Whether a new fiduciary regulation is needed to provide clarity and protection to retirement plans and participants or would be an onerous, costly and unnecessary regime that will curtail advice and wreck financial markets is what Department of Labor policymakers now must decide.
The proposed DOL regulation would change the five-part test that determines who is considered a fiduciary, the first update to the rule in 35 years. Last week, nearly 200 organizations from across the defined benefit and defined contribution industries lined up to voice their praise or disdain for the proposal at a hearing held by the Employee Benefits Security Administration.
DOL spokeswoman Gloria Della said Labor Department policymakers will consider and deliberate on the comments, but no final date for determination has been set.
The DOL says the proposed regulation aims to protect participants from conflicts of interest and self-dealing. “In recent years, non-fiduciary service providers — such as consultants, appraisers and other advisers — have abused their relationship with plans by recommending investments in exchange for undisclosed kickbacks from investment providers, engaging in bid-rigging, misleading plan fiduciaries about the nature and risks associated with plans' investments, and by giving biased, incompetent and unreliable valuation opinions,” the DOL noted in its proposal to change the fiduciary standard.
The EBSA cited in the proposed regulation a May 2005 study by the SEC, which “found that 13 of 24 pension consultants examined or their affiliates had undisclosed conflicts of interest.”
The proposed regulation changes the definition of a fiduciary by, among other things, removing existing provisions from the five-part test requiring advice to be given on a “regular basis” and mandating that the advice must serve as the “primary basis” for investment decisions. Other provisions in the five-part test in determining fiduciary status that will remain are: providing advice or recommendations on the purchase, sale or value of securities and other property; having a mutual understanding with the plan or fiduciary that advice is being given; and requiring that the advice is individualized based on the particular needs of the plan.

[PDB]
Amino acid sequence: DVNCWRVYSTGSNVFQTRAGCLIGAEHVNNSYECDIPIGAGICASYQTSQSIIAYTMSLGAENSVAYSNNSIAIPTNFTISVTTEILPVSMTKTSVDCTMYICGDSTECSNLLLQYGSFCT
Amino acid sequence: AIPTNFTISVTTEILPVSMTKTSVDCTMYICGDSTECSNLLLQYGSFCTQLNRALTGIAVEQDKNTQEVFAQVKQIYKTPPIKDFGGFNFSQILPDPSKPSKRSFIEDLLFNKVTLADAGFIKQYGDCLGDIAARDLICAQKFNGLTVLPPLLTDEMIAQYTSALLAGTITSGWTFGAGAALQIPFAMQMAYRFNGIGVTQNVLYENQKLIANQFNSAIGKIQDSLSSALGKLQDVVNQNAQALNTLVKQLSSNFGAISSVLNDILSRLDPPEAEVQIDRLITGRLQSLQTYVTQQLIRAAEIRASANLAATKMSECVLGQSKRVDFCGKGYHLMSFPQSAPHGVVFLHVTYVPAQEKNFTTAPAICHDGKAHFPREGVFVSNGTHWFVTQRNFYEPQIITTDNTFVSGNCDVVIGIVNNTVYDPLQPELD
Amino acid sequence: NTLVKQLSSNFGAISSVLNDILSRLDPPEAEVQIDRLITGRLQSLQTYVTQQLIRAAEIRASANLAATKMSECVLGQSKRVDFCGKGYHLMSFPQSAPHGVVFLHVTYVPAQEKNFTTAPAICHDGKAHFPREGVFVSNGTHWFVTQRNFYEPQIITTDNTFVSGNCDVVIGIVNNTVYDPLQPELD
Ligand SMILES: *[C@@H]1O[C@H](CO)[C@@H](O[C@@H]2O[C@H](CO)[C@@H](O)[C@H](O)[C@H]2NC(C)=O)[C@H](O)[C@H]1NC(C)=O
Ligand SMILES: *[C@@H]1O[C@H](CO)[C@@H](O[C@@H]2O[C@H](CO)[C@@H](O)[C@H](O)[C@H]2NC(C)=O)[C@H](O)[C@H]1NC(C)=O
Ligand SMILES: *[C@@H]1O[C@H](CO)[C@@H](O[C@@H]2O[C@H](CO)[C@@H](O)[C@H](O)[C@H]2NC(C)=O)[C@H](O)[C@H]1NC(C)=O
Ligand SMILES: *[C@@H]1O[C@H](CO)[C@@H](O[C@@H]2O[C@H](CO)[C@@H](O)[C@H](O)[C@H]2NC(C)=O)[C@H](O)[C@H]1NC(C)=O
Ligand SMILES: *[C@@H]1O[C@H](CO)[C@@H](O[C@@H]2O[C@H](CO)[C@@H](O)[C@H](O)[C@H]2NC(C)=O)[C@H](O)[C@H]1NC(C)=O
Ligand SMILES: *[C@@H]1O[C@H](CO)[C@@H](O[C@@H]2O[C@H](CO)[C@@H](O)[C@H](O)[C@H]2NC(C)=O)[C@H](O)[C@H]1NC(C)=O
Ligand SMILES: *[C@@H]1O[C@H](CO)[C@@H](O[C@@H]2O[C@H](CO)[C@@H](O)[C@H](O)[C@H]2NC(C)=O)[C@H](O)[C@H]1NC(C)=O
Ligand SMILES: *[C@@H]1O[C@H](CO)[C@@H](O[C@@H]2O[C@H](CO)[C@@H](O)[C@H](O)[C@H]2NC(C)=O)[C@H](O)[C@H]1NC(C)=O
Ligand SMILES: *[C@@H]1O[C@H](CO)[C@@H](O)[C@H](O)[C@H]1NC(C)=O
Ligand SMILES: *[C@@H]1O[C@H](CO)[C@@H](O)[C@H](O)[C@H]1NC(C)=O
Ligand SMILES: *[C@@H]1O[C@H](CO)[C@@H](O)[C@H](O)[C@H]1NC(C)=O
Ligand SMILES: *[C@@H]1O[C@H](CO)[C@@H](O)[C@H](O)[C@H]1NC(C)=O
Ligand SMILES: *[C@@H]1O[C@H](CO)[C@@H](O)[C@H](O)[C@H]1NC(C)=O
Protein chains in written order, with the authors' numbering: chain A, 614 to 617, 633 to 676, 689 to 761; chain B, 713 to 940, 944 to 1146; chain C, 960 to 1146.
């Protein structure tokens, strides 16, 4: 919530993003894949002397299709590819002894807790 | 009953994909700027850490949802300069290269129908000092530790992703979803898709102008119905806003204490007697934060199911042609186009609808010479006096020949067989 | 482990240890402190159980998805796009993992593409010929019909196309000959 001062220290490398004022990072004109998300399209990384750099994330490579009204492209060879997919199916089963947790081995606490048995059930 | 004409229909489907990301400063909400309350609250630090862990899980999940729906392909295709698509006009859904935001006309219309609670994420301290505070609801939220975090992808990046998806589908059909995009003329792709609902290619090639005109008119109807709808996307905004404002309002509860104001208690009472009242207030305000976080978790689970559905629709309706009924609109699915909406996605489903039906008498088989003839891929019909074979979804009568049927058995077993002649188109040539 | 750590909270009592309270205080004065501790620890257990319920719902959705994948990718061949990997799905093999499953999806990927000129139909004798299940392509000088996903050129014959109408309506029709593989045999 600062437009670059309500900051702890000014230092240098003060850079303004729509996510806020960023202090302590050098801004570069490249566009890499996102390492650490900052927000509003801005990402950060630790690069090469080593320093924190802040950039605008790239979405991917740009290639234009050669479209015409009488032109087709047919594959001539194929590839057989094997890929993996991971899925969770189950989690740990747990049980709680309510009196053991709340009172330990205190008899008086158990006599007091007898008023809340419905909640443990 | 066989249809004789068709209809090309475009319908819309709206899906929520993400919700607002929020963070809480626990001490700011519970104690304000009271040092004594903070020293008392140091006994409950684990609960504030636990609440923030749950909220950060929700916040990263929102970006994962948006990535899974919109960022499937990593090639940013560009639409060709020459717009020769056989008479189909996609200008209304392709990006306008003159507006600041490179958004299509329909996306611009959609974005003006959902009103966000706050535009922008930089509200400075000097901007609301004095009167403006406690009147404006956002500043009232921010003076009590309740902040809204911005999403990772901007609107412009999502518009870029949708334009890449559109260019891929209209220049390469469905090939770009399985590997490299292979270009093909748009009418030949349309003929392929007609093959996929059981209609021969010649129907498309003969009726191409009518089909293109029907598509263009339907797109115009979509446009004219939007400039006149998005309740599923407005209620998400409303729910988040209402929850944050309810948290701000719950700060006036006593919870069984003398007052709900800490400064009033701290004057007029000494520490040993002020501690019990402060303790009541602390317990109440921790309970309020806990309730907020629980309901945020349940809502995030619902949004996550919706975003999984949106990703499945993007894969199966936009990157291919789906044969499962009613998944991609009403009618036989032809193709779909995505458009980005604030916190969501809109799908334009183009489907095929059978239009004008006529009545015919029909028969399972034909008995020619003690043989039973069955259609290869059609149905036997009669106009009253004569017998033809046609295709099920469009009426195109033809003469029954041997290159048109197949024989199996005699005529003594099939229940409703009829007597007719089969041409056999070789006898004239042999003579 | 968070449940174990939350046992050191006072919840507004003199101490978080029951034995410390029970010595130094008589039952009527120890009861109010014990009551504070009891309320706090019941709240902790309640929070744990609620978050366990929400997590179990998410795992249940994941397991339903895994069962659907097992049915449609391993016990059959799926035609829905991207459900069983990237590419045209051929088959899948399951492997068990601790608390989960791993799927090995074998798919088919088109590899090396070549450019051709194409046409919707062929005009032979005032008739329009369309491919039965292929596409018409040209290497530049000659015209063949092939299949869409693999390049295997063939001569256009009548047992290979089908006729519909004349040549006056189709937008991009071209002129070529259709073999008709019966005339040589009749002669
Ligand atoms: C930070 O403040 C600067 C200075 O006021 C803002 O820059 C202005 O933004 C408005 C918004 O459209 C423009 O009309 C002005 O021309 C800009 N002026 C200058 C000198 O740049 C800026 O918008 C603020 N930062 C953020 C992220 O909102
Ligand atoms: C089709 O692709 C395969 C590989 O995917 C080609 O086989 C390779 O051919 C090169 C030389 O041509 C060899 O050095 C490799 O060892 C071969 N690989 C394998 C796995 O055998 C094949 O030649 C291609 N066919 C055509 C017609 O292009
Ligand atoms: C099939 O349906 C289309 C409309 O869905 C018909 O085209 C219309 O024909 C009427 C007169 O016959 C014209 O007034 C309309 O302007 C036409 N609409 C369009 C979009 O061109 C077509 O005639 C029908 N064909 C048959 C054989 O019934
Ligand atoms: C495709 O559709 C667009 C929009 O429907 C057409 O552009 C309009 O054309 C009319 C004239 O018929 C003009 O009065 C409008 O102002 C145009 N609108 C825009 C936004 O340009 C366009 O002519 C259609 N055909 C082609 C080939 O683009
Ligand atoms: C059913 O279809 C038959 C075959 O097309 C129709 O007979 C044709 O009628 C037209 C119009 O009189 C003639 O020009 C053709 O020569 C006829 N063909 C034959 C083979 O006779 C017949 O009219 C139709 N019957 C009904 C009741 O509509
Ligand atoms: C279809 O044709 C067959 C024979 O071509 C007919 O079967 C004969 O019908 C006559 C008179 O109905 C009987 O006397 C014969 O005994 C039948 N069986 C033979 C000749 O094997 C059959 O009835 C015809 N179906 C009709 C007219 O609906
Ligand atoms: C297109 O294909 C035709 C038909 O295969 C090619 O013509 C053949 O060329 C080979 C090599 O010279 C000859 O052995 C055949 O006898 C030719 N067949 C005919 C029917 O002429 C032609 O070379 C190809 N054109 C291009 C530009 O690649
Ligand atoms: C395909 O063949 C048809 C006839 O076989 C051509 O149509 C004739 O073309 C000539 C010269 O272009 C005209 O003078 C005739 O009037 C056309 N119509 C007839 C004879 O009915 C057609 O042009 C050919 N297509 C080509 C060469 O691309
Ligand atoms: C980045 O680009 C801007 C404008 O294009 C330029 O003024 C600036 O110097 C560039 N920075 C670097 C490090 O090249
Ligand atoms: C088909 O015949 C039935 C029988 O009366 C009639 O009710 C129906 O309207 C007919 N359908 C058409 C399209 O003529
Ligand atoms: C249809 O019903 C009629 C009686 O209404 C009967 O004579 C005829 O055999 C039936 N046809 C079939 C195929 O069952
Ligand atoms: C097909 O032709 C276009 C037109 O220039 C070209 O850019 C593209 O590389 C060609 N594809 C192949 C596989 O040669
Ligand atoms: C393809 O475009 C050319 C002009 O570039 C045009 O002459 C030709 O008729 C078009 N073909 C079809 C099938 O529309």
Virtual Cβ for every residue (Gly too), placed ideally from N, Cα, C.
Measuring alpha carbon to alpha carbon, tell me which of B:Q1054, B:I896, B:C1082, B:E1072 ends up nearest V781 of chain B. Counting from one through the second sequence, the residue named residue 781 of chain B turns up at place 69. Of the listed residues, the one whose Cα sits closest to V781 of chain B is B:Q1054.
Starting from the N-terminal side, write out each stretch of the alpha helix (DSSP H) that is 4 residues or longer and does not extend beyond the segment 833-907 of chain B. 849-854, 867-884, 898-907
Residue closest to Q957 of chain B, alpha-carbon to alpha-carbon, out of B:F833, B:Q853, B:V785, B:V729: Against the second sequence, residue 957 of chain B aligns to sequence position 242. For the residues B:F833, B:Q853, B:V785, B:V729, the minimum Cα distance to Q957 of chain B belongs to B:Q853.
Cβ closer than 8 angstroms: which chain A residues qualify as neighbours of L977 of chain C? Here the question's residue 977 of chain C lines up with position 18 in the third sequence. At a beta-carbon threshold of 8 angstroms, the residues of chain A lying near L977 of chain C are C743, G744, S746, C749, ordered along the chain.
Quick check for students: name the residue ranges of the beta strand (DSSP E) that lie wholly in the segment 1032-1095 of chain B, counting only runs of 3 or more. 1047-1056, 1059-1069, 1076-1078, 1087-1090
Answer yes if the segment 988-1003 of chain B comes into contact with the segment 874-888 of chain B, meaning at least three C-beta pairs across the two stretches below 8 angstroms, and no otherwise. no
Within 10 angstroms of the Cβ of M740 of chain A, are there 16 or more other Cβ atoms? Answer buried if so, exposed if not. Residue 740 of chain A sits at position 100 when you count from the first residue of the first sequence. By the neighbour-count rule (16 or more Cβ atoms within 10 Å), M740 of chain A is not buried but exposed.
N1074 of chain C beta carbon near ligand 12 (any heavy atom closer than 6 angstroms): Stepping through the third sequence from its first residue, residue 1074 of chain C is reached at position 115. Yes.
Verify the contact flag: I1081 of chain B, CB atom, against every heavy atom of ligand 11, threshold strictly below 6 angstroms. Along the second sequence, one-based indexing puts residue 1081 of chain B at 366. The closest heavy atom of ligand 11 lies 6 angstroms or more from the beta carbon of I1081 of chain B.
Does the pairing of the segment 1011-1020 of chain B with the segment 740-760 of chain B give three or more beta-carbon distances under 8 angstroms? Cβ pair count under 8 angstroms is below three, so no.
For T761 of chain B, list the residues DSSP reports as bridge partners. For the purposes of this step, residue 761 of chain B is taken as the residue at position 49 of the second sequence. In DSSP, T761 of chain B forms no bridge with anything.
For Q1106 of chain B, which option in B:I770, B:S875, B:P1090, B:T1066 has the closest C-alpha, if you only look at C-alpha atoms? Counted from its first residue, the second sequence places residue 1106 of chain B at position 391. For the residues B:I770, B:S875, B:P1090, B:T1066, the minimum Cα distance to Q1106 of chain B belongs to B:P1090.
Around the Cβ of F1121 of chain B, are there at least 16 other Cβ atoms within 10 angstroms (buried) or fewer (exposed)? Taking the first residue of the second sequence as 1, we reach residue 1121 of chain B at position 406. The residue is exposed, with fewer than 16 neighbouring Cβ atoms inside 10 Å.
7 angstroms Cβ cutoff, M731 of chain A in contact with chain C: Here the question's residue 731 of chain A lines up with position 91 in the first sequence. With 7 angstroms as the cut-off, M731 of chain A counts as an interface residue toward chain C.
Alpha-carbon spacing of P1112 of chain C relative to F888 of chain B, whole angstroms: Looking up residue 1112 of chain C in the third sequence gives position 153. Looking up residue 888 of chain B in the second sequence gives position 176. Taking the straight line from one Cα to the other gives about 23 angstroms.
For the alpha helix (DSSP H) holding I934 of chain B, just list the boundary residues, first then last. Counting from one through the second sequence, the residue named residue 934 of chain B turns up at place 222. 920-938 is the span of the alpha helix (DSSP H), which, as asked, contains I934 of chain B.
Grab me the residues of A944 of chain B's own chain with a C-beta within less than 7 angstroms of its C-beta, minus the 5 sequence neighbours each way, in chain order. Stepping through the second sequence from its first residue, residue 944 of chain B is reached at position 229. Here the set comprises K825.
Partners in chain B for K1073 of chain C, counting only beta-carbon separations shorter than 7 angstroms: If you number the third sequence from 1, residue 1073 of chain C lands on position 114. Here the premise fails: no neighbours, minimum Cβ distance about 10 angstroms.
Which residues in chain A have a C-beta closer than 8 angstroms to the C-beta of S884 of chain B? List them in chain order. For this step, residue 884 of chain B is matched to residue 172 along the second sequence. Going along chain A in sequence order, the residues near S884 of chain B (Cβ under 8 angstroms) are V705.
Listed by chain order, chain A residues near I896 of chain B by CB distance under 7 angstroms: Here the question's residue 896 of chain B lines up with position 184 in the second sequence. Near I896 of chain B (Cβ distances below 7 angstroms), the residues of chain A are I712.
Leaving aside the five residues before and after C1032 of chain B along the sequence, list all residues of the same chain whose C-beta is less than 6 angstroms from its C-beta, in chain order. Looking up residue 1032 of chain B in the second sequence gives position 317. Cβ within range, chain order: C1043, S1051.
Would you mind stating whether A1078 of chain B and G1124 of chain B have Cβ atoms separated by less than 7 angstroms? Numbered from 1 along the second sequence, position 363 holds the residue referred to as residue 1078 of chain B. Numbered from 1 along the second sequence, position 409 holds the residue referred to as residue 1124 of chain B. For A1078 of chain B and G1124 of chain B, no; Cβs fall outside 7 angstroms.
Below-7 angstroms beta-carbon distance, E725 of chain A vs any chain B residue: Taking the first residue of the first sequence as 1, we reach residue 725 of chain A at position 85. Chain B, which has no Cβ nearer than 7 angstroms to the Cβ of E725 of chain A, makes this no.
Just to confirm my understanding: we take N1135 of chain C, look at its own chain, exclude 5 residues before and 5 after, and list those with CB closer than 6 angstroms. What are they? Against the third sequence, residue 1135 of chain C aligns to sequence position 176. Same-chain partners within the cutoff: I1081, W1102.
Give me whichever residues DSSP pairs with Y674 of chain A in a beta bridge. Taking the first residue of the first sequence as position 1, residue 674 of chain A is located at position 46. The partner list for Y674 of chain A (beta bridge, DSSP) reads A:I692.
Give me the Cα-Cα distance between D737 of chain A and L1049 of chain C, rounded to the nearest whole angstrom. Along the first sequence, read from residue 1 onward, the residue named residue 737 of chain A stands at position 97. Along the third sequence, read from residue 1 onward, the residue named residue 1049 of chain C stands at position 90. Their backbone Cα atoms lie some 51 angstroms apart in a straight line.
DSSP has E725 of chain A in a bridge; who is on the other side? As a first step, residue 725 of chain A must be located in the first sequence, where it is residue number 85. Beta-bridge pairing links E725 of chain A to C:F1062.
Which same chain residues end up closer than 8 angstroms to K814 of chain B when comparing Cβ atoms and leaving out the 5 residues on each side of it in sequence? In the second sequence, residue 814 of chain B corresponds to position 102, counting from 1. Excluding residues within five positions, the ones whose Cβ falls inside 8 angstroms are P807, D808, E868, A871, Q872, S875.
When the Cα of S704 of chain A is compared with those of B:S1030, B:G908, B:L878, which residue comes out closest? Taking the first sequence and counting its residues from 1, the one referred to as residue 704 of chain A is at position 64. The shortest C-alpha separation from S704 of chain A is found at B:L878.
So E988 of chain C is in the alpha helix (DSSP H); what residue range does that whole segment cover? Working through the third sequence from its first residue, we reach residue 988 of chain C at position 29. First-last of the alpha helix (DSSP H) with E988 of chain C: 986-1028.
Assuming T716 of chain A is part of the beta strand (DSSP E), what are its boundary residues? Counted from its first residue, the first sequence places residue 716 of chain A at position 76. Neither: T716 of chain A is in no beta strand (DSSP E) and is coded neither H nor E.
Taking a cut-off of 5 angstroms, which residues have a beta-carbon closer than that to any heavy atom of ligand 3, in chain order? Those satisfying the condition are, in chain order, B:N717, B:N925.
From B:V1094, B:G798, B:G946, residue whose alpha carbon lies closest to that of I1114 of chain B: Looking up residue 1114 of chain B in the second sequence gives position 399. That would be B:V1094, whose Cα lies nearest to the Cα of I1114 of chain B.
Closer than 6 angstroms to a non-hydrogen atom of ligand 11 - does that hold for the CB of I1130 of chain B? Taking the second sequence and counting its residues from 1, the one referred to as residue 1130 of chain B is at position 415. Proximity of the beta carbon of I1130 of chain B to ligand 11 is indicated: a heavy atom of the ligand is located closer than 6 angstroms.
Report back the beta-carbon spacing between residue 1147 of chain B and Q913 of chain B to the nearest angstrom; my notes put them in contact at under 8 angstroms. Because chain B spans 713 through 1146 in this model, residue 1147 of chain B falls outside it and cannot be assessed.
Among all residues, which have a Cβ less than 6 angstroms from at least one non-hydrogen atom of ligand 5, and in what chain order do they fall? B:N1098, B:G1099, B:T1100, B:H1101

The updated test would cast a wider net by assigning fiduciary status under ERISA to those who meet any part of the new test. The current definition requires interested parties to meet all five parts of the test before being declared a fiduciary.
The proposal also requires service providers marketing investment options to disclose in writing that they are not providing impartial investment advice in order to avoid fiduciary status.
Brian Graff, executive director and CEO of the American Society of Pension Professionals & Actuaries, said in prepared testimony filed jointly with the Council of Independent 401(k) Recordkeepers and the National Association of Independent Retirement Plan Advisors that the regulation “would provide needed clarity in terms of whether plans are receiving ERISA-covered investment advice.” All three organizations are based in Arlington, Va.
Mr. Graff said in a telephone interview that plan officials often inaccurately believe they are getting ERISA advice on the investment options they provide. “If someone tells me these are the 20 options you should use, anyone would think that is advice, but under ERISA it's not advice,” he said.
Mr. Graff also said the regulation should not apply to individual retirement accounts because of “fundamental differences between IRAs and qualified retirement plans.”
“It's crucial that no guidance be given (on IRAs) without support of an active enforcement regime,” he said in written testimony. “If the department decides to extend these regulations to IRAs ... players in the retirement industry who are more formally regulated with extensive compliance departments will comply with the rules, and those less formally regulated who know there is no practical enforcement of the rules, will choose not to comply,” giving them a competitive advantage over firms that are in compliance.
Mr. Graff also said disclosures required for commission-based brokers/advisers in the proposal are overly broad and “unduly harsh” and that DOL should allow them to avoid fiduciary status by disclosing the amount of any commission received, that the advice may not be impartial if a commission is received and that brokers/advisers are not acting as a fiduciary.